BLOG POST: Setting sights on Second Life – Wan Ying Tay
Over the weekend, there have been speculative rumors spreading on the Internet that Microsoft has plans to buy over Linden Lab as well as the virtual world, Second Life. Whether or not this is true remains to be seen, but what is certain, is that both Second Life and Linden Lab have been reported as going through a number of changes over the last couple of months, perhaps more so for the latter than the former, as seen from its recent staff layoff and office closure.
Second Life is a social virtual world developed by Linden Lab. The concept of a social virtual world is not new, but giving users the autonomy to create content and build objects is novel. Almost everything that you see in Second Life has been designed and built by the users (often referred to as Residents) themselves. Since its launch in 2003, Second Life has been able to attract consumers, educators, researchers, designers, librarians, archivists, businesses etc. to have a go at creating a virtual presence. Some of them have since left, but those who remain, continue in their attempts to leverage the potential of Second Life.
Without a narrative or back story like most game-based virtual worlds, users of Second Life sometimes find it difficult to find a clear purpose to be there. It seems, however, that the main draw of Second Life is its social and community-driven nature. It is not hard to see that there are many groups and communities in-world. What is difficult though, is locating them and finding events that are worth attending and places which are populated. Sure, there is the search engine which one could use. That said, it is not unusual for one to do so and yet find an empty sim (or region) or an inactive group.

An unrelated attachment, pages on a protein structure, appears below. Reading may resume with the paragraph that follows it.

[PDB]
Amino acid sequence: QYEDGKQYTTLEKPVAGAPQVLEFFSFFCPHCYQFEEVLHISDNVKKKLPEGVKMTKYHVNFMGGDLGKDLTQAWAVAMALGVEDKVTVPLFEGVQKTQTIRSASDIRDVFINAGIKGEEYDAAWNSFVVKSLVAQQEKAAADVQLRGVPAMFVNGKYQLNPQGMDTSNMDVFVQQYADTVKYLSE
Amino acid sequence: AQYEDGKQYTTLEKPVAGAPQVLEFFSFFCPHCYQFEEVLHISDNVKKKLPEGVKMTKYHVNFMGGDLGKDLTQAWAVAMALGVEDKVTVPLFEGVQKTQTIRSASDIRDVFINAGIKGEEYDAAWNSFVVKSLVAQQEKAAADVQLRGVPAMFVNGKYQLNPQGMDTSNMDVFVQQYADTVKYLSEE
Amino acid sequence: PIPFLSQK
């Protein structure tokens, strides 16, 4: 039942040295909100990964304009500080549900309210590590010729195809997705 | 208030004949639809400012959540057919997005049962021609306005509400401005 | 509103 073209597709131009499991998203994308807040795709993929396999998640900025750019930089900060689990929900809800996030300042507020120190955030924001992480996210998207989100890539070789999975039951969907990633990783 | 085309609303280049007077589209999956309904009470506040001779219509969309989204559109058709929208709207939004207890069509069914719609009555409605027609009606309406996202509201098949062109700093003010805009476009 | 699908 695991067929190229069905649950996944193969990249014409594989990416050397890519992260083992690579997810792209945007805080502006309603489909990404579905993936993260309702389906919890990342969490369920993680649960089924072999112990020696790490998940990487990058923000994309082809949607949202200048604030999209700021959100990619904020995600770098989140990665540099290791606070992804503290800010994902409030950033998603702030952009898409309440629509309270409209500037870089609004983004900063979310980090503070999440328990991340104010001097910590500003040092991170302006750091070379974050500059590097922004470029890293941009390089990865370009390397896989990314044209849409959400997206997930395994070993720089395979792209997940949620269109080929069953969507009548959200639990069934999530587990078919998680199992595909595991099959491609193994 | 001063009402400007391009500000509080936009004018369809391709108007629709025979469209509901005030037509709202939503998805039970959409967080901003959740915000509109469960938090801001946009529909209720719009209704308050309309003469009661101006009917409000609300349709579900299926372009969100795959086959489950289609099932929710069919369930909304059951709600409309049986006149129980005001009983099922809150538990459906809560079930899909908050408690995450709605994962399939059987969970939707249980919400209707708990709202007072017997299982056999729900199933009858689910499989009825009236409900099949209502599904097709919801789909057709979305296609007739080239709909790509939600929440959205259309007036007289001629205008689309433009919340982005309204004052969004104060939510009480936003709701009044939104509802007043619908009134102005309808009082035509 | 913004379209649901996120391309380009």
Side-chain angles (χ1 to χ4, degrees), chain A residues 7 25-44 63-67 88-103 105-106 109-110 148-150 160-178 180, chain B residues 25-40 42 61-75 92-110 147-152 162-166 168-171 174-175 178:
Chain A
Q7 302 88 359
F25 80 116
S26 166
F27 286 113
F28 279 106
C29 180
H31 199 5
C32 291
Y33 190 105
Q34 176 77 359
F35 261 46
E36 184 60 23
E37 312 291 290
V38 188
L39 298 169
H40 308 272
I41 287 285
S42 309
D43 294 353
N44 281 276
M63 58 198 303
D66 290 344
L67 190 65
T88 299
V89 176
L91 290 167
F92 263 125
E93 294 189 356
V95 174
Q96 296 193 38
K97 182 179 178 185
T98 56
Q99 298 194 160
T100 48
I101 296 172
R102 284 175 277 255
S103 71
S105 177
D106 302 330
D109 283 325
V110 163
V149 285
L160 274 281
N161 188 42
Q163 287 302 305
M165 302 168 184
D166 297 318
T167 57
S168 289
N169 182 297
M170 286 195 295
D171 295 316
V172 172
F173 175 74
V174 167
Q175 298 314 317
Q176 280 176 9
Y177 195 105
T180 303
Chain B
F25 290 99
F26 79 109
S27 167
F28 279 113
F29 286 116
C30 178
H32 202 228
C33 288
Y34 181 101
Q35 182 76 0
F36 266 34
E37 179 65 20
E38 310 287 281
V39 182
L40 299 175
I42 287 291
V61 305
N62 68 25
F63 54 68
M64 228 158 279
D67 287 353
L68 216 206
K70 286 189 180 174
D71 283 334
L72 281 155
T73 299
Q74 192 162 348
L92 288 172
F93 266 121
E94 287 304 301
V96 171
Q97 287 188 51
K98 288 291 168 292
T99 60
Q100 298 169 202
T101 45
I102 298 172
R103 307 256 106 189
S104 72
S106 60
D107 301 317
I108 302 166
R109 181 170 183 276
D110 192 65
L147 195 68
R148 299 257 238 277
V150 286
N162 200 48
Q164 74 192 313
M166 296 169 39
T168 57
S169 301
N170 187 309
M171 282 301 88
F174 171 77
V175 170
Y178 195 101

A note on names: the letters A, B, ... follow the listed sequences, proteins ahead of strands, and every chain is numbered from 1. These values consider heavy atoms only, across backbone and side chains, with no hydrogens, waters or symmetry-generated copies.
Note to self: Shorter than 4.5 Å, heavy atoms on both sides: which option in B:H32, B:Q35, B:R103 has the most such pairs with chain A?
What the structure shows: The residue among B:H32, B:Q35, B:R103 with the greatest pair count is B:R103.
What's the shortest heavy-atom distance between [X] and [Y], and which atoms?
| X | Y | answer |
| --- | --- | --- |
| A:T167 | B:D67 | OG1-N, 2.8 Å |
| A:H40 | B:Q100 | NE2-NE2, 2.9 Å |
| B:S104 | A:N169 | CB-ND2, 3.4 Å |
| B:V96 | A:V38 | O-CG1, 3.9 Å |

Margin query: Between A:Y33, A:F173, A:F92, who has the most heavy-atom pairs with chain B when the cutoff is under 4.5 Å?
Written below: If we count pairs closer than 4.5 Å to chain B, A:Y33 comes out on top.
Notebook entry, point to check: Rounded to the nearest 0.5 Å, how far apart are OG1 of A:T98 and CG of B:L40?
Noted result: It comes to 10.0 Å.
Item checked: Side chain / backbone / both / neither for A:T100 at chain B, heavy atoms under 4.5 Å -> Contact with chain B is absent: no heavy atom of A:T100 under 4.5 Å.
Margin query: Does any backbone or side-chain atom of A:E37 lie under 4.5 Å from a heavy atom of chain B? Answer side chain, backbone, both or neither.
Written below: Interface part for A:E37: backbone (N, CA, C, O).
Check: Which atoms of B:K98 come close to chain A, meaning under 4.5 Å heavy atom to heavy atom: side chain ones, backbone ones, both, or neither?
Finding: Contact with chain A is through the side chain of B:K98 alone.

Having spent some time (more than a year now) in Second Life, I have managed to find a number of groups which seem to be growing, particularly in size and regularity of events. Many people whom I spoke to have often mentioned that the groups that they belong to have helped them integrate into the Second Life community and is the main reason why they continue to log in to the virtual world. They have, it seems to me, created their own narrative or back story – a more defined purpose for them to be there.
Like most Residents of Second Life, I’m waiting to see what Linden Lab or the future investors have in store, as this would certainly have an effect on the virtual world and what goes on in-world. Being amongst and talking to Residents, it would appear that some of them are trying out other alternatives to Second Life (some in fact have migrated to other platforms), but the majority of them remain optimistic about Second Life and are not prepared to leave yet. I think, it is perhaps time, for Linden Lab or future investors or bosses to work hand-in-hand with the in-world community in ensuring the continued operation of the virtual world.